Martin Gadsby, Director at Optimal Industrial Automation, looks at how a well-designed data management strategy can help businesses succeed in smart manufacturing.The fourth industrial revolution, or Industry 4.0, is driving the digital transformation of business, enabling data-led strategies and fully automated operations. Factory floors are being converted into intelligent networks of connected machines, processes and systems, making it possible for companies to optimise manufacturing by leveraging the power of Big Data.
As a result, businesses can benefit from productive, automated and self-monitoring processes. These are highly cost-, time- and resource efficient and can continuously operate at optimal conditions, maintaining peak performance while producing high-quality products. This means that data-driven, smart technologies can result in substantial cost savings in operational expenses (OPEX), increased profits and reduced time-to-market.
Identify the right technology
State-of-the-art technology is needed to set up Smart Factories, including real-time, in-line and on-line sensors to gather information, as well as data mining solutions to generate actionable insight and predictions about processes and operations. Factory and process automation solutions as well as digital twins (or cyber-physical systems) use the knowledge generated by this instrumentation to optimise production and maintenance. For example, while cyber-physical systems support the simulation and evaluation of various production scenarios, closed-loop automation can promptly adjust process parameters to efficiently deliver high quality products.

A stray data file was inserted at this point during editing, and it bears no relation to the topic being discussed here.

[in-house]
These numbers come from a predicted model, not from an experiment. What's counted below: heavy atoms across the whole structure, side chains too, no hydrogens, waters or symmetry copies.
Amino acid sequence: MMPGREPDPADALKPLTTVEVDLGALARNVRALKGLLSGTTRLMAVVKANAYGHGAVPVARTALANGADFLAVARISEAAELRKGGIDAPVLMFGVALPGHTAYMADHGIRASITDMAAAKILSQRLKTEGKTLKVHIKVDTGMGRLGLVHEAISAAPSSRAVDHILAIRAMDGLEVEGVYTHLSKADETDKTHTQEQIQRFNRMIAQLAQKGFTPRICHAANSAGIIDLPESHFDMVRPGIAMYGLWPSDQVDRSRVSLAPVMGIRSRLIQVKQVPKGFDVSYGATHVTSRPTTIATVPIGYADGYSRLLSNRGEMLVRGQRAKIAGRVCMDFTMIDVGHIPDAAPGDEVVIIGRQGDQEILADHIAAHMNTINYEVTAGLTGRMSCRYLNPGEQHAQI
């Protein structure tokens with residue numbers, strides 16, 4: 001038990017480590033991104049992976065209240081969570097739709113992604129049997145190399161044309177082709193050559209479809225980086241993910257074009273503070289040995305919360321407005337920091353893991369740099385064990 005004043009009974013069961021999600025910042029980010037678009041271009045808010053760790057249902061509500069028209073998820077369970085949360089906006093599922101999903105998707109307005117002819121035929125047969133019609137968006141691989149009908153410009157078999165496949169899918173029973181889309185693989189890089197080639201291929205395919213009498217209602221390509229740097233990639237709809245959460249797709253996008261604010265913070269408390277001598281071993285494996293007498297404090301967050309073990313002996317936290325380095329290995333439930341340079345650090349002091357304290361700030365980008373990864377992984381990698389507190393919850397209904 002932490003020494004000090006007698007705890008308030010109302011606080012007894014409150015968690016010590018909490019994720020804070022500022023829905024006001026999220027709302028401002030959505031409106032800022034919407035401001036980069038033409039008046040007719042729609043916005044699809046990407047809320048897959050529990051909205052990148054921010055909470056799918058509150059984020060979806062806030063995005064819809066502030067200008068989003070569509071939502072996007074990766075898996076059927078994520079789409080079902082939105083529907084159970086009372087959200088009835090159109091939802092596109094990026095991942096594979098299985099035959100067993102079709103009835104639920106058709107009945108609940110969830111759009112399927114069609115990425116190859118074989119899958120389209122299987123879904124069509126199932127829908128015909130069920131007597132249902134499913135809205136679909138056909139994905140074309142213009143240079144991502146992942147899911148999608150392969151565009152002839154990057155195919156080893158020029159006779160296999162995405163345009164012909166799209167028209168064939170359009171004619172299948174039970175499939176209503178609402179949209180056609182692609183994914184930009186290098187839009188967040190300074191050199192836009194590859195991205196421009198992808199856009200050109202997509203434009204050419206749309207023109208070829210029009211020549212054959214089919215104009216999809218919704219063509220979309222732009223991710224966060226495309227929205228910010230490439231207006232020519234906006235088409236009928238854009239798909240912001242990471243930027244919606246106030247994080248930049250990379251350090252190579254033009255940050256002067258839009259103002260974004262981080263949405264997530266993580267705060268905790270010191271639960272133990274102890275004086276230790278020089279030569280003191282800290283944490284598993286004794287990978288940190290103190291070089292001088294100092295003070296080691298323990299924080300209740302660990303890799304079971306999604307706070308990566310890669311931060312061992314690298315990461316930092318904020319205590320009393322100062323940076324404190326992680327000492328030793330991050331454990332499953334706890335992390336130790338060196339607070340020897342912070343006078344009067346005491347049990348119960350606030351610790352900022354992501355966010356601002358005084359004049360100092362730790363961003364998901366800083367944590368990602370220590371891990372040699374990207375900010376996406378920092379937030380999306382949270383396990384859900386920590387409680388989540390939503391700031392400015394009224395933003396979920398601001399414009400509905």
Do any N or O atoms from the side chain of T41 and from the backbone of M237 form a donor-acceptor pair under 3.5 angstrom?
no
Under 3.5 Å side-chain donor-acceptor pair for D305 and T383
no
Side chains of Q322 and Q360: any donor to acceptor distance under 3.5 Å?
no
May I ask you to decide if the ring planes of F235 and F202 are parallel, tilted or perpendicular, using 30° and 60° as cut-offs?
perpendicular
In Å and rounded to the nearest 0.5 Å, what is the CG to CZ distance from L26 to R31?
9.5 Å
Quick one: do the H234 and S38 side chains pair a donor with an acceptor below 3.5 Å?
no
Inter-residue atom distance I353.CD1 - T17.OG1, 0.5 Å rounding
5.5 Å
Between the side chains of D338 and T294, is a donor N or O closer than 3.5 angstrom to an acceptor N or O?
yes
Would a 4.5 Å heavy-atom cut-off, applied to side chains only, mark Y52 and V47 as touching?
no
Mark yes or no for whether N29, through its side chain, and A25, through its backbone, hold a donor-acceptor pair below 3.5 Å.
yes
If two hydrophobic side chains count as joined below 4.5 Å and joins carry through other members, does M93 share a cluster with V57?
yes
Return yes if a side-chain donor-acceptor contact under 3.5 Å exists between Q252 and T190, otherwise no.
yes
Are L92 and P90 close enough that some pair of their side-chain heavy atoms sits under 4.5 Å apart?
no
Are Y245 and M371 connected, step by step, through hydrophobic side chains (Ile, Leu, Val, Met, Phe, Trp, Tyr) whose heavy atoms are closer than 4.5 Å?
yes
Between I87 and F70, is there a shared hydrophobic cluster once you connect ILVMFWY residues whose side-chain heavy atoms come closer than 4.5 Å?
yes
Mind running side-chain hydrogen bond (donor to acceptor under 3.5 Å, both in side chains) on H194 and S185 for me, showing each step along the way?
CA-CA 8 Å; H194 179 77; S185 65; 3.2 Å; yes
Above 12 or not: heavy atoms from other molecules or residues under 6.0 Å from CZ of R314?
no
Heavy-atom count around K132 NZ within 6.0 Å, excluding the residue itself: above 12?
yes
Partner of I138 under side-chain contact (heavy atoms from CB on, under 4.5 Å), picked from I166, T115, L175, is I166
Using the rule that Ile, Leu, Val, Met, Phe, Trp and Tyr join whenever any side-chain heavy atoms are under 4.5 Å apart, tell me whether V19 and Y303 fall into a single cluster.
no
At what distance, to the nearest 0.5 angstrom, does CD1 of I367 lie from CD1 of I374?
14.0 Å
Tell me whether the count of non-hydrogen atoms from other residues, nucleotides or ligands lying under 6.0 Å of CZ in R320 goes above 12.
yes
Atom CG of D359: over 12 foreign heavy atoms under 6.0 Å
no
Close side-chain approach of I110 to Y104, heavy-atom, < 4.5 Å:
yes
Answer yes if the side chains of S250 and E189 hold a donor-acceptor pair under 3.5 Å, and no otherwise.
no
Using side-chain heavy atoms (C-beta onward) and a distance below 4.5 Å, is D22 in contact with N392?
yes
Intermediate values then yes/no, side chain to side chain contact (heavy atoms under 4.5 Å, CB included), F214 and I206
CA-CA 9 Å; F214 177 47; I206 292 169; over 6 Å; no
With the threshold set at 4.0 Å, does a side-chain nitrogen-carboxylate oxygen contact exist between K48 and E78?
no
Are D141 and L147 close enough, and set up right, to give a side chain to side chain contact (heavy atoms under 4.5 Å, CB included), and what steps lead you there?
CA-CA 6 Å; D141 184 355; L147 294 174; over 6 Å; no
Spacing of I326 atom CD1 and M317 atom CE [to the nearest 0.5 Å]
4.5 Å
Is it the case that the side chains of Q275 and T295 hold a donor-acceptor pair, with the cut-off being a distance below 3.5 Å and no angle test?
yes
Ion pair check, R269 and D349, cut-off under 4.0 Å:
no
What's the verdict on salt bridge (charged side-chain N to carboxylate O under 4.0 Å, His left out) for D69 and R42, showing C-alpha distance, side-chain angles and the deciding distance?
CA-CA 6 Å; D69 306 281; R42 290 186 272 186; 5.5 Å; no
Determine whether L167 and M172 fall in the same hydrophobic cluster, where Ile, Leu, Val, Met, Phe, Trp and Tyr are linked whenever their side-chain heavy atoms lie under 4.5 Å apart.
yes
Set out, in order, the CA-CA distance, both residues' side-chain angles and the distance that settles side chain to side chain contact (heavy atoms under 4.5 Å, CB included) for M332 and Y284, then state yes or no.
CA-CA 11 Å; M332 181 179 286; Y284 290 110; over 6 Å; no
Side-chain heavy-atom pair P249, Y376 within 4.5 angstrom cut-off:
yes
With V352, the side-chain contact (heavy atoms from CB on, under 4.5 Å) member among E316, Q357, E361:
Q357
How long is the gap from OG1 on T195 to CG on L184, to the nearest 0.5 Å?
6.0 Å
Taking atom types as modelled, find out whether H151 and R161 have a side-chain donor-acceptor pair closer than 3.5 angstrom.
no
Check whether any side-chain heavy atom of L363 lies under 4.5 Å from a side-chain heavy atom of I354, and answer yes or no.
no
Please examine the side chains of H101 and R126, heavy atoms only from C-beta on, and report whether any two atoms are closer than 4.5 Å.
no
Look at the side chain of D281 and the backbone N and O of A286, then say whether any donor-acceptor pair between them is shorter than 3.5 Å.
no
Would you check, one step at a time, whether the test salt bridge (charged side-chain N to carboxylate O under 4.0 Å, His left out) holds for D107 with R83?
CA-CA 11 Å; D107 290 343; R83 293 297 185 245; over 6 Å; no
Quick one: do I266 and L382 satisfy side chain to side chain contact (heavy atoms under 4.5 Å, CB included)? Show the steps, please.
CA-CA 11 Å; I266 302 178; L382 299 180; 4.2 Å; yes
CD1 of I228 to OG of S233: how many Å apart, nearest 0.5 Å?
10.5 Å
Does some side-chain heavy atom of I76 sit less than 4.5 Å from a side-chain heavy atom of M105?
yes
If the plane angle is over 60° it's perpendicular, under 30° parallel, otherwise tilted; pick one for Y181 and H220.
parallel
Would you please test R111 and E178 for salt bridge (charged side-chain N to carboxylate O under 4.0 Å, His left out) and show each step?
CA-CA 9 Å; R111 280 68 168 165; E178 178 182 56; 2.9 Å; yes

A Process Analytical Technology (PAT) framework is essential to set-up and interconnect all of these elements for responsive smart manufacturing applications. This is a quality-driven approach that relies on the relationship between critical process parameters and critical quality attributes of raw and in-process materials to optimise manufacturing activities. The system used to link all the PAT technologies together to create a Smart Factory is known as a data or knowledge management platform.
Therefore, when embarking on digital transformation projects, businesses should select an automation specialist that can implement a comprehensive solution that includes and seamlessly integrates all the necessary technologies. By doing so, manufacturers can create a truly intelligent, interconnected facility.
For example, Optimal Industrial Automation has over 30 years of experience in building, integrating and optimising automation as well as PAT systems for a wide variety of industries. The company delivers solutions that result in significant reductions in production costs as well as substantial improvements in productivity, product quality and business sustainability. To achieve these goals Optimal combines its knowledge of automation with its sister company’s leading PAT-based process management software platform – synTQ.
The importance of a PAT knowledge manager
While it is relatively easy to generate large volumes of production data, businesses need to identify which datasets should be stored, assessed and rationalised into actionable knowledge. Without this filtering and analytics process, manufacturing facilities could resemble data warehouses, rather than adaptive, future-oriented plants, preventing businesses from achieving an in-depth process understanding that can enhance their shop floors.